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Methanol Replacing Hydrogen Gas As Fuel Of The Future


Rather than releasing carbon dioxide into the air, it can be used to produce methanol – which is an excellent fuel for cars and airplanes – using solar energy. The technology already exists, and a major Nordic research initiative has now been launched that will make the process inexpensive and simple enough to be used on a large scale. Chalmers is heading the initiative.


​Producing methanol using solar energy offers several important advantages compared to other energy systems. Methanol is easy to store, as opposed to electricity. As a vehicle fuel, it is ready to be used in the current infrastructure. Solar energy is the most effective form of generation compared to other renewable sources of energy. This is the point of departure for a four-year cooperation project headed by Dinko Chakarov, professor of physics at Chalmers.

"We have worked to produce hydrogen gas using solar energy for many years, for example by studying how different surfaces affect reactions. However, hydrogen gas is still difficult to store and distribute. It is for this reason we have targeted producing methanol, which is easy to use as a fuel."

Hydrogen gas has been considered the vehicle fuel of the future for a long time, but achieving a functioning infrastructure for the gas has turned out to be more difficult than anticipated. Many researchers across the globe have thus redirected their research the past few years – as a result, for example, of the U.S Department of Energy's decision to stop funding hydrogen gas research from 2010, after many years of massive investments in hydrogen economy–related projects.

The hydrogen gas production results produced by Chalmers researchers, however, will be useful when the researchers make the move to methanol. Hydrogen gas is the first step in producing methanol, and both steps are basically catalysed with the same method. First the water molecules are split so that hydrogen and oxygen are formed. The hydrogen then reacts with carbon dioxide, and methanol is formed. Both of the reactions are forced through photocatalysis, which means that solar energy is directly transformed into chemical energy.

Dinko Chakarov with a laser-based vacuum system used to study the interaction between light and nanoparticles
. Photo: Peter Widing / Chalmers

Methanol production also means that carbon dioxide becomes a resource – instead of a waste product that is released into the atmosphere as a greenhouse gas.

"Carbon dioxide currently comes from carbon dioxide separation during carbon combustion, for example," says Dinko Chakarov. "In the future, we hope it will be possible to condense carbon dioxide from the air, which would result in an entirely carbon dioxide neutral cycle."

The process for producing methanol with carbon dioxide must become less expensive, more stable and easier to use for it to achieve a commercial breakthrough. However, there are already plants in place that produce methanol with the method or use parts of it, and the new research project will combine the different parts by involving seven research groups and companies.

"I do believe a large-scale breakthrough for the method is not that far down the road – perhaps ten years from now," says Dinko Chakarov. "I am convinced that we are going to improve the process, and it yields very effective usage of solar energy. For example, it is at least 50 times more effective than the 'shortcut' that involves producing methanol from biomass."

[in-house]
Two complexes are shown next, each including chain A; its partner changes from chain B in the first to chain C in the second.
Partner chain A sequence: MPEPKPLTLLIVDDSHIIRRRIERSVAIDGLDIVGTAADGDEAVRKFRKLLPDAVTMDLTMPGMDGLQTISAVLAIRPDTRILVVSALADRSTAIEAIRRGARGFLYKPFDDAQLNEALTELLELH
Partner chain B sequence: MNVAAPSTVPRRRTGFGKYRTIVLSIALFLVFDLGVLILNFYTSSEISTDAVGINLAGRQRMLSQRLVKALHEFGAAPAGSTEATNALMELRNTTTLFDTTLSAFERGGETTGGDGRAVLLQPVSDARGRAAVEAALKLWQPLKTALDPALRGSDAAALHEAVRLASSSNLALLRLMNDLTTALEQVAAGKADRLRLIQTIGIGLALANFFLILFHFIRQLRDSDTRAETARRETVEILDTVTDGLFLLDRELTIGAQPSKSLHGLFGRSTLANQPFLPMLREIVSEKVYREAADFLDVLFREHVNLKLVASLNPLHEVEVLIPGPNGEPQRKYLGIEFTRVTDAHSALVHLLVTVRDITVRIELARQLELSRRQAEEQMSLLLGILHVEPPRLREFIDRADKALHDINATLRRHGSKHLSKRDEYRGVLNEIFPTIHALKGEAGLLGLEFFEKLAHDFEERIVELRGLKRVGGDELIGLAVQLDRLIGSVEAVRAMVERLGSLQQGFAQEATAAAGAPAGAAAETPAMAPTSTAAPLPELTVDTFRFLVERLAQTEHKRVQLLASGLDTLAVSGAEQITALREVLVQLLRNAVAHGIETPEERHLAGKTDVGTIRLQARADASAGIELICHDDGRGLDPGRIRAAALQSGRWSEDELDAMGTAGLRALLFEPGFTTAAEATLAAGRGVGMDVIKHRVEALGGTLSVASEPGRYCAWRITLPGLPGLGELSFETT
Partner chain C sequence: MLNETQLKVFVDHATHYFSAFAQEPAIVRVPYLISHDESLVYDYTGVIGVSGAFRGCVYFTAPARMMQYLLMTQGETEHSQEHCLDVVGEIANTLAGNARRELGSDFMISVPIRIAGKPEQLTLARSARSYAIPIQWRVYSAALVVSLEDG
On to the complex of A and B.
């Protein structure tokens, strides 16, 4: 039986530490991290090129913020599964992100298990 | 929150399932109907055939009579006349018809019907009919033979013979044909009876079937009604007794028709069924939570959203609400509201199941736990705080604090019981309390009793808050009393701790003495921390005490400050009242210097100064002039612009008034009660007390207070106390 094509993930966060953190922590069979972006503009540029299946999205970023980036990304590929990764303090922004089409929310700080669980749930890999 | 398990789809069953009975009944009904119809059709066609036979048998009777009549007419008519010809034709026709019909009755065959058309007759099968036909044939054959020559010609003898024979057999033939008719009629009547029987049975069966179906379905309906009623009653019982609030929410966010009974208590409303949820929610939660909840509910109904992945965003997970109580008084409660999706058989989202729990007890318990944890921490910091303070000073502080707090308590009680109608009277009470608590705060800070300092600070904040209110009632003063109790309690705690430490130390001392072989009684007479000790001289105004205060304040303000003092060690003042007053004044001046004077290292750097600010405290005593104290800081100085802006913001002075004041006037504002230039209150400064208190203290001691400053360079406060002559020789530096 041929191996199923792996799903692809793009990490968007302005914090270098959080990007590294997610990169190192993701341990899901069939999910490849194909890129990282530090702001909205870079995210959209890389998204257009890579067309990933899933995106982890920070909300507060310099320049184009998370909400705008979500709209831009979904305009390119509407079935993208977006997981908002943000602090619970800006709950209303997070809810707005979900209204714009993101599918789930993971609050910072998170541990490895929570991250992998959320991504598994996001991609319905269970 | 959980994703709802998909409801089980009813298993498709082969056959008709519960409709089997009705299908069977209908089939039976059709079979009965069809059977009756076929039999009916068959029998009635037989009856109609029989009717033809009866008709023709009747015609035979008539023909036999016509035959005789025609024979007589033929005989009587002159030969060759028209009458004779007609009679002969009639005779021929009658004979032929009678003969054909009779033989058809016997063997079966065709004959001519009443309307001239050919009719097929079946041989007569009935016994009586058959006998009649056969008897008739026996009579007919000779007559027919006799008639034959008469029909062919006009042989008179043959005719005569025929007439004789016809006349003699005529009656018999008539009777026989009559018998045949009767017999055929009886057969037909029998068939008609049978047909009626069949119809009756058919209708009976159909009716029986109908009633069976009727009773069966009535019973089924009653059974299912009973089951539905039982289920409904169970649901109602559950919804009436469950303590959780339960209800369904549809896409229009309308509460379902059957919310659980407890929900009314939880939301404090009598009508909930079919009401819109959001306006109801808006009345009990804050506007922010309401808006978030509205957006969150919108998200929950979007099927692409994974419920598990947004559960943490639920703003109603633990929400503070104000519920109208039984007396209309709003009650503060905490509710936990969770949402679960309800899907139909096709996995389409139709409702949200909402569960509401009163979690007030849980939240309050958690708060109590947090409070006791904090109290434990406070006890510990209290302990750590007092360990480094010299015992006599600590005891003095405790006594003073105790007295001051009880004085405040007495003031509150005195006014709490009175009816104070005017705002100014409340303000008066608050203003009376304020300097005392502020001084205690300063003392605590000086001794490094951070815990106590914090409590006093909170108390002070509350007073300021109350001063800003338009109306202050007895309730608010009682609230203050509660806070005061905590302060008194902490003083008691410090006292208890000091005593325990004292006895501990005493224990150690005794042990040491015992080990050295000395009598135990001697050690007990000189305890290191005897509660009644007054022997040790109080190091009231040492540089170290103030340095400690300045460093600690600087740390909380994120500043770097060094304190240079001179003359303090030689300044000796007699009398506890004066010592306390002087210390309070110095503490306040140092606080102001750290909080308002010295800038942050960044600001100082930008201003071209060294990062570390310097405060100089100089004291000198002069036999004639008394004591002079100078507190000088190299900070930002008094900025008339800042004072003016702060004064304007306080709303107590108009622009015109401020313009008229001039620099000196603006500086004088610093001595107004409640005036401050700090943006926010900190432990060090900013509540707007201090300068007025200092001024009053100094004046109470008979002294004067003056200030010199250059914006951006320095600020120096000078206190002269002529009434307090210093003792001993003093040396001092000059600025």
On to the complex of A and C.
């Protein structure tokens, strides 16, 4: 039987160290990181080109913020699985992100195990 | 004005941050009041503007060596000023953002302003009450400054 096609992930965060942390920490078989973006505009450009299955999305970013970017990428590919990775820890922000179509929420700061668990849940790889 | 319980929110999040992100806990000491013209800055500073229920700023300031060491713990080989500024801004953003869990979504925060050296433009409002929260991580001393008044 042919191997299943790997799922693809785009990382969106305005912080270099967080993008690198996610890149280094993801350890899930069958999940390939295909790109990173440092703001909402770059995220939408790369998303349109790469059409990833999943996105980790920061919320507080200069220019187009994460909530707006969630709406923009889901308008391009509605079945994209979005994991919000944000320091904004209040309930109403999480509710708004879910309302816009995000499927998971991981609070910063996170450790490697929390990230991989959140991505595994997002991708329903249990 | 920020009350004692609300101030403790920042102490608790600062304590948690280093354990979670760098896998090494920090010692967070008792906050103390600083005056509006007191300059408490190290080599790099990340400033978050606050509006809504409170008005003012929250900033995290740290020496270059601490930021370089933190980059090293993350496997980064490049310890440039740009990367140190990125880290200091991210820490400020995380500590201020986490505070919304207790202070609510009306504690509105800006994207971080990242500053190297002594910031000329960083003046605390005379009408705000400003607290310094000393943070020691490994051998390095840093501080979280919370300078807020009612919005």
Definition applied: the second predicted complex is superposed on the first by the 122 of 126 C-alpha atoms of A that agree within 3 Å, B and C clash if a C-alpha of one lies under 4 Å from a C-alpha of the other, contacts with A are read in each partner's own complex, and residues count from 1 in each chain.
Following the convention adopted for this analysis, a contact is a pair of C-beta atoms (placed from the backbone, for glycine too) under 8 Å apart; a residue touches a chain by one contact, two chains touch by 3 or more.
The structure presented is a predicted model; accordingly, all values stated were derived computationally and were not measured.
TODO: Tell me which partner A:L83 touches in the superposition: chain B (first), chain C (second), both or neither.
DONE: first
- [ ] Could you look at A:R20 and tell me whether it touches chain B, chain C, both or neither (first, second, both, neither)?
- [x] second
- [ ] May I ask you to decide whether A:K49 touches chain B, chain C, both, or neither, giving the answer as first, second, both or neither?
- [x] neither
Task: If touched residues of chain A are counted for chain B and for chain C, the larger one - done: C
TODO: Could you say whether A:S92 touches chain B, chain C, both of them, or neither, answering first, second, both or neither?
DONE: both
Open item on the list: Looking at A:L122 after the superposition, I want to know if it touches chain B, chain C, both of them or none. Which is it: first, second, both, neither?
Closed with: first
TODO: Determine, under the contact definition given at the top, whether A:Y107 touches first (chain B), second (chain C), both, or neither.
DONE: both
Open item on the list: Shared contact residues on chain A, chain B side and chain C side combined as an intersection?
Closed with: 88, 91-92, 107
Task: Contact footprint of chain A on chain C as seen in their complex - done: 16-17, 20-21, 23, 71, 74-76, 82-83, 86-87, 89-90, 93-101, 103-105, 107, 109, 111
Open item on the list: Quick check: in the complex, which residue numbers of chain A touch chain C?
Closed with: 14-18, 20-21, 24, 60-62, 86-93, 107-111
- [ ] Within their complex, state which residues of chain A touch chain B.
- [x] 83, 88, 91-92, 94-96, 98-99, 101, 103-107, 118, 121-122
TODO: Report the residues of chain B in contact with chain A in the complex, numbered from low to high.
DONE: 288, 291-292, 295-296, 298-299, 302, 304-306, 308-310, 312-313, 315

The Chalmers researchers' part involves, amongst other things, creating a photocatalytic system that is selective for methanol. They are also working to improve materials that capture sunlight, both in terms of absorbing the light more effectively and absorbing a broader area of the light spectrum. The Chalmers group builds on many years of research within nanotechnology. By using nanostructures in the material, they have previously been able to increase light absorption by over 50 per cent for some systems.

Facts on methanol
Methanol or methyl alcohol is the simplest of all alcohols, and its chemical name is CH3OH. Methanol can be mixed in petrol or, if slightly modified, be used alone in modern petrol engines. It can easily be transformed into DME or biodiesel and be used in modern diesel engines. It can also be used in fuel cells and be burned in existing power generation plants. Methanol can also be used as a raw material for many of the products that we currently obtain from oil, for example plastics.


The Nordic Initiative for Solar Fuel Development (NISFD) research project
This four-year project has received NOK 10 million in grants from Nordic Energy Research. The participants are also contributing an approximately equal amount of money to the project themselves. Seven research groups and companies from all of the Nordic countries are helping provide the different pieces to the puzzle for photocatalytic production of methanol. The project will belong to the international research front line in the field, and it is included in three of Chalmers eight Areas of Advance: materials, energy and nanotechnology.

A workshop and kickoff activities will be held 26-27 January for the project at Chalmers, and journalists are welcome to attend.


Contacts and sources:
Dinko Chakarov, Department of Applied PhysicsChalmers University of Technology


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